Monday, 14 July 2014
Terror attacks continue in Kenya coastal counties
The security situation in coastal Kenya remains beyond state control. In the past two weeks, three further attacks have taken place. Attacks in Lamu and Tana River Counties, which have again been claimed by Somalia’s Al Shabaab militant Islamists, have resulted in the deaths of at least 22 people. The attacks took place on the night of Saturday 5 July.
The Tana River County attack was in the small town of Gamba, where detainees were freed from police cells and nine people were killed. At least a further 13 died at Hindi close to Mpeketoni in Lamu County. Al Shabaab claimed to have freed 40 detainees and to have killed 60 people in the process.
On the night of 11 July the village of Pandanguo was attacked by a gang of up to 60 people. Six police reservist guns were taken. Pandanguo is close to the village of Witu where, on the night of 22 June, another attack saw 11 people brutally killed.
Lamu County is fast turning into a war zone. People are fleeing the insecurity with at least 2,500 people being served by the Kenyan Red Cross in displaced people’s camps and many more relocating under their own resources. Some are reportedly questioning the government’s inept response which has allowed these attacks to continue.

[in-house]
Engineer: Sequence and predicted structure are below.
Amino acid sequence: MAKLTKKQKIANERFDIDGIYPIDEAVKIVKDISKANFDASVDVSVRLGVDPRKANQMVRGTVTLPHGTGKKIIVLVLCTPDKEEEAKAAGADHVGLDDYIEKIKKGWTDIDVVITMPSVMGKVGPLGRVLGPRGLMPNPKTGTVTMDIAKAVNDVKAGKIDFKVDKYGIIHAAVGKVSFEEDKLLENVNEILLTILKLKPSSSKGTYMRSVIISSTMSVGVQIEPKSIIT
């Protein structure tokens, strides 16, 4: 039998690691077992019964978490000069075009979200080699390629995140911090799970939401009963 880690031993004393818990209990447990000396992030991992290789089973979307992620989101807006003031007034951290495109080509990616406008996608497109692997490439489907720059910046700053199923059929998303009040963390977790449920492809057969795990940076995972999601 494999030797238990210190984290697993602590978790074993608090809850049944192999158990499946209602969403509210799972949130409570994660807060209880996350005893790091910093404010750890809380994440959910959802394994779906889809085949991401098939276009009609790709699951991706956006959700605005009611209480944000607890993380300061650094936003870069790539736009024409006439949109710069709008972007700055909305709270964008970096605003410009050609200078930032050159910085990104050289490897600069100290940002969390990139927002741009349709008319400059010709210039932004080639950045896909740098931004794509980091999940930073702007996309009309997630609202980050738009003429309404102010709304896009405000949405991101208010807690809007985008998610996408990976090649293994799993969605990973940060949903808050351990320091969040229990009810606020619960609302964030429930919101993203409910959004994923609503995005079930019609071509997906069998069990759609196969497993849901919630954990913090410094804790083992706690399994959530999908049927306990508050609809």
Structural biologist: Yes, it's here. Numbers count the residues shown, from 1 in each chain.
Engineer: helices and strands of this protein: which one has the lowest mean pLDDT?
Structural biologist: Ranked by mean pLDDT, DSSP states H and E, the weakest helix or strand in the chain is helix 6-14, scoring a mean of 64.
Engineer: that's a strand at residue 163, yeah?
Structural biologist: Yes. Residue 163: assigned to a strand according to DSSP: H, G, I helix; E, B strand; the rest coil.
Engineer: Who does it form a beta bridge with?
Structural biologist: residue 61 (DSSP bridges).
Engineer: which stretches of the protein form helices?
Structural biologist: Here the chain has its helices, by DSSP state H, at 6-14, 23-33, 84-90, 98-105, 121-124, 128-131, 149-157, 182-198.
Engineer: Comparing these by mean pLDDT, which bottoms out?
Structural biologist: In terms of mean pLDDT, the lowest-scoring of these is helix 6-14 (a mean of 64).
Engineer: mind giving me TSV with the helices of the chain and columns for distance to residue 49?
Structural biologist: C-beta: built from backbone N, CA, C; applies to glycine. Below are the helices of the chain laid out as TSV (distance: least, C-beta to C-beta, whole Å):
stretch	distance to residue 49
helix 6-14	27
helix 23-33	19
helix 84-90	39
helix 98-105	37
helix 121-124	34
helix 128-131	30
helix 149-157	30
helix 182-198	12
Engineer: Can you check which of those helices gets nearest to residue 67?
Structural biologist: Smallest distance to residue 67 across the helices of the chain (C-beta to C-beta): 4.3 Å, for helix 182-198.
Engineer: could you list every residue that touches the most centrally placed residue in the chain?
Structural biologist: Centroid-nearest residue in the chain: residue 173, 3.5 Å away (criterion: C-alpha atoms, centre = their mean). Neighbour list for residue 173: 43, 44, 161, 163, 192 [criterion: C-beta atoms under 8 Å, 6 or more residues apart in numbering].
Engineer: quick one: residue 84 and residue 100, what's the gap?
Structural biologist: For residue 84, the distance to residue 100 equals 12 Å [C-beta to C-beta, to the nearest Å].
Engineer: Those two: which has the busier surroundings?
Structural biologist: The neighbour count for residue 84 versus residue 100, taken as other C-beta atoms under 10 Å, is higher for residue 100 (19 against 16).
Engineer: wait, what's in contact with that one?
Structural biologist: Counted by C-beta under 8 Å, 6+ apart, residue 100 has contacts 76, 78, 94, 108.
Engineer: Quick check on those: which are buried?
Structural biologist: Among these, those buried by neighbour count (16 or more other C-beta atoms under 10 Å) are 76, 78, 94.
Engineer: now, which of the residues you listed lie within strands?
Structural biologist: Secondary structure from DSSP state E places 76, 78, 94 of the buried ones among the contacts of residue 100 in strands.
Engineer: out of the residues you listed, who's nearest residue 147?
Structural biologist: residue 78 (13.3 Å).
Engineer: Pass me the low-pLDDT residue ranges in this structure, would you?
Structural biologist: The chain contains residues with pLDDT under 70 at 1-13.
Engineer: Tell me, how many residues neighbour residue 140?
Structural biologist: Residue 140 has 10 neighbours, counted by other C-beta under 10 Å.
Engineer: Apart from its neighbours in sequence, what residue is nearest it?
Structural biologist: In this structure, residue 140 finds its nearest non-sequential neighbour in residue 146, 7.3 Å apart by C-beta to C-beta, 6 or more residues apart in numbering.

The state’s response remains confused. Military spokesman Major Emmanuel Chirchir continues to contradict President Uhuru Kenyatta by pinning the blame for the attacks on Al Shabaab. Meanwhile, the Hindi and Tana River attacks have been blamed on the Mombasa Republican Council (MRC).
The MRC was founded in 1999 and seeks to establish an independent state based around Mombasa. It strongly denies the allegations. In a July 7 statement released on its Facebook page, they called on people “not to fall into the government’s trap of creating war between communities” and that “whether you like it or not, the Mombasa Republic will take its place amongst nations”. Prior to the Hindi and Gamba attacks the police reported the arrest of four alleged MRC members in Mombasa.
Mombasa itself remains tense. A Russian tourist was shot dead on Sunday 6 July while touring the UNESCO Heritage Site of Fort Jesus. It is unclear if the attack was a simple robbery or a terror attack that was targeting tourists.
On Friday 11 July the controversial businessman, Mohamed Shahid Butt, was assassinated in his car coming back from Mombasa’s Moi International airport. Butt was facing charges for inciting radicalism in the town and last appeared in court in December 2013. His shooting is suspected to have been carried out by state security officials in the Anti-Terror Police Unit. Similarly, the Al Shabaab-supporting cleric, Abubaker Shariff Ahmed, was murdered in April 2014.
The recent months have exposed the new frailties in Kenya. The traditional rivalries of the leadership of the country’s main tribes and their political groupings continue, but it is almost as a sideshow. Intensifying conflicts on the edges of the Kenyan state - in its arid north and its increasingly unstable if not ungovernable coastal region - present an increasingly acute risk to investors. The tourism sector is collapsing in the face of terror.
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